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German Government Woos Young Scientists

Getty Images When Stefanie Dimmeler became professor of molecular cardiology in Frankfurt last year, researchers hailed her as one of Germany's youngest tenured scientists. Obtaining a tenured professorship at age 33 may not seem like something out of the ordinary to some US researchers, but Dimmeler beat most of her German colleagues by 10 years. To help make that country more attractive to bright scientists like Dimmeler, Federal Education Minister Edelgard Bulmahn introduced a law in Janu

Martina Habeck
Getty Images

When Stefanie Dimmeler became professor of molecular cardiology in Frankfurt last year, researchers hailed her as one of Germany's youngest tenured scientists. Obtaining a tenured professorship at age 33 may not seem like something out of the ordinary to some US researchers, but Dimmeler beat most of her German colleagues by 10 years.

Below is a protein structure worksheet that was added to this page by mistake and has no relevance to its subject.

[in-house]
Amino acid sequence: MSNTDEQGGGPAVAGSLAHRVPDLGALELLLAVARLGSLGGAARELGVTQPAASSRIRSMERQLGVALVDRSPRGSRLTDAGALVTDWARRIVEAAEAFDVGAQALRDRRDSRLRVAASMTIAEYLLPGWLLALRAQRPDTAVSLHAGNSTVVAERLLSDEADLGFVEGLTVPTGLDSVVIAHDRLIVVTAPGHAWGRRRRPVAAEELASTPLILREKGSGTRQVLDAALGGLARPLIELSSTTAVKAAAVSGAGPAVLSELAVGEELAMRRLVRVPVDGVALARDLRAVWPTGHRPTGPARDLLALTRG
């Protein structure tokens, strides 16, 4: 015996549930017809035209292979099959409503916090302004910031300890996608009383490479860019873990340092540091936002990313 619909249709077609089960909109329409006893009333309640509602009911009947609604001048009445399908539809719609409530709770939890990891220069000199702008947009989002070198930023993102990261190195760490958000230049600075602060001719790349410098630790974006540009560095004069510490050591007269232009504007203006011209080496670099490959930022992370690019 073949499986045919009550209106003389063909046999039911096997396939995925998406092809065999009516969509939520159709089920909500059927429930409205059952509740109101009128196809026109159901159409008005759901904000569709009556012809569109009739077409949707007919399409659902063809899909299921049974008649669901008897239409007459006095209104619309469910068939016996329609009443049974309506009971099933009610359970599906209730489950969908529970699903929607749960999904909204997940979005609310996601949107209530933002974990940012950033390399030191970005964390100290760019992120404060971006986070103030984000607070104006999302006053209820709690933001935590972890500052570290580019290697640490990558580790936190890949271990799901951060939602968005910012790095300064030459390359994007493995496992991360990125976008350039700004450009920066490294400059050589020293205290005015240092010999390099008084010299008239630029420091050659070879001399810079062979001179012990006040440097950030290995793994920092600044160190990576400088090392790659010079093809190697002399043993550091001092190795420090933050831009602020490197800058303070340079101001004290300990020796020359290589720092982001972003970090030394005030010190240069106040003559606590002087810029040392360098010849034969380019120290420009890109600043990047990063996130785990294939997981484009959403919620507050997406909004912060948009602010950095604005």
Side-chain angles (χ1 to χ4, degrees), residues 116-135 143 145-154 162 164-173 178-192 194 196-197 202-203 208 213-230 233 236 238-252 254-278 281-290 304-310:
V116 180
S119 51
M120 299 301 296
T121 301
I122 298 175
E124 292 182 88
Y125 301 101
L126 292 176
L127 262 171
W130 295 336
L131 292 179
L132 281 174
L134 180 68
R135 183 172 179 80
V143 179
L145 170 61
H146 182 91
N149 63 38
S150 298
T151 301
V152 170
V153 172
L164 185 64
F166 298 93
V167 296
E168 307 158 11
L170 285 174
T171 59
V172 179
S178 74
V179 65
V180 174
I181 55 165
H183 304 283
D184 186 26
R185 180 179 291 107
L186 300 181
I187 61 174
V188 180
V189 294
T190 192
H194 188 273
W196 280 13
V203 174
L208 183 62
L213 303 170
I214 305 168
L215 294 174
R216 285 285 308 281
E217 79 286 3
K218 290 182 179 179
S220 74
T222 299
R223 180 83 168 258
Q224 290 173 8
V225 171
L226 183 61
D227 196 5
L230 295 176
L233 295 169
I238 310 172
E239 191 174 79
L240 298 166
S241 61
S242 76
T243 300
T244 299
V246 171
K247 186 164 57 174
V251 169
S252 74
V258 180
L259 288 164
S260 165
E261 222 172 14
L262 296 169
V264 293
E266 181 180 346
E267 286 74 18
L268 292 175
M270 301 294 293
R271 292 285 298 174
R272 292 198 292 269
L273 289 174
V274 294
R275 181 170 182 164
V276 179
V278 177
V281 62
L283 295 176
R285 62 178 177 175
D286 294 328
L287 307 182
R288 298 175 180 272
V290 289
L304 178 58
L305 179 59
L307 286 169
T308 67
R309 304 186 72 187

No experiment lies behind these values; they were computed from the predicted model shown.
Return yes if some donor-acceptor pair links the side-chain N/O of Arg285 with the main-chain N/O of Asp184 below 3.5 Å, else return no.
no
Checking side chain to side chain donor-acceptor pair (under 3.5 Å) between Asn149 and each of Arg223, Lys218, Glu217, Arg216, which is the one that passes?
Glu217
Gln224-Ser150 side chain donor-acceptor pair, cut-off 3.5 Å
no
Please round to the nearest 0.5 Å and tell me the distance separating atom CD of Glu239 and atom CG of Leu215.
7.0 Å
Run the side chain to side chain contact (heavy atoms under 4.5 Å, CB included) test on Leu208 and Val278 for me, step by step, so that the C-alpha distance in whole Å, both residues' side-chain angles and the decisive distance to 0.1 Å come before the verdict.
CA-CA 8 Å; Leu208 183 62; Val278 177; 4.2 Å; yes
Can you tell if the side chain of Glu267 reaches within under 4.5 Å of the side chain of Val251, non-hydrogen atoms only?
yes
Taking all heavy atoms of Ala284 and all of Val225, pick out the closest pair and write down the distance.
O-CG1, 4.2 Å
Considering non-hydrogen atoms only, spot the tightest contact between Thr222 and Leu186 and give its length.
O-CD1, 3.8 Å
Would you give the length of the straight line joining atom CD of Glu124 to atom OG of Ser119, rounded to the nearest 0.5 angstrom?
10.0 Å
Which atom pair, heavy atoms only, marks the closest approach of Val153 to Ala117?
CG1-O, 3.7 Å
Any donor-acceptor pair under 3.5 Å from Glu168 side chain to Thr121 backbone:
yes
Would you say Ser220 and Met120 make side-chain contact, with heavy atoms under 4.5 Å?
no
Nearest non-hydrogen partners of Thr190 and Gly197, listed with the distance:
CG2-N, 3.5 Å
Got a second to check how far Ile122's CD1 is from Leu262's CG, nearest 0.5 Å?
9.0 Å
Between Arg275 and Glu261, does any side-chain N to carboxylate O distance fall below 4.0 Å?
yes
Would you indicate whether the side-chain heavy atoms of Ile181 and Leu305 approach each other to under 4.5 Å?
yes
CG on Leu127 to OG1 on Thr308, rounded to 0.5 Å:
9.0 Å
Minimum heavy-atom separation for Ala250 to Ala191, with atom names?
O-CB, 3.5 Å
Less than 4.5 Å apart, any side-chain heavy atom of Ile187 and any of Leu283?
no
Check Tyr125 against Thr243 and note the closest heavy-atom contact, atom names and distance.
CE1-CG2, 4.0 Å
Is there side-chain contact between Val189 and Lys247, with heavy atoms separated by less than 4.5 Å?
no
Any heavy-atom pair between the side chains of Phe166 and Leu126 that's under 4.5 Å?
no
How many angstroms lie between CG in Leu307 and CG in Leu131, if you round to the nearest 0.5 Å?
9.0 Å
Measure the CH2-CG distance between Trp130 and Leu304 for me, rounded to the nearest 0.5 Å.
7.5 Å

To help make that country more attractive to bright scientists like Dimmeler, Federal Education Minister Edelgard Bulmahn introduced a law in January 2002 that radically changed the academic workplace. The law creates junior professorships, similar to the American system of assistant or associate professors, and it also makes it possible to obtain a professorship after a career in industry.

For the last century, German scientists have routinely remained in postdoctoral purgatory for more than a decade, in a system much criticized as patriarchal. Postdoctoral scientists are assigned to a professor, and they must then acquire...

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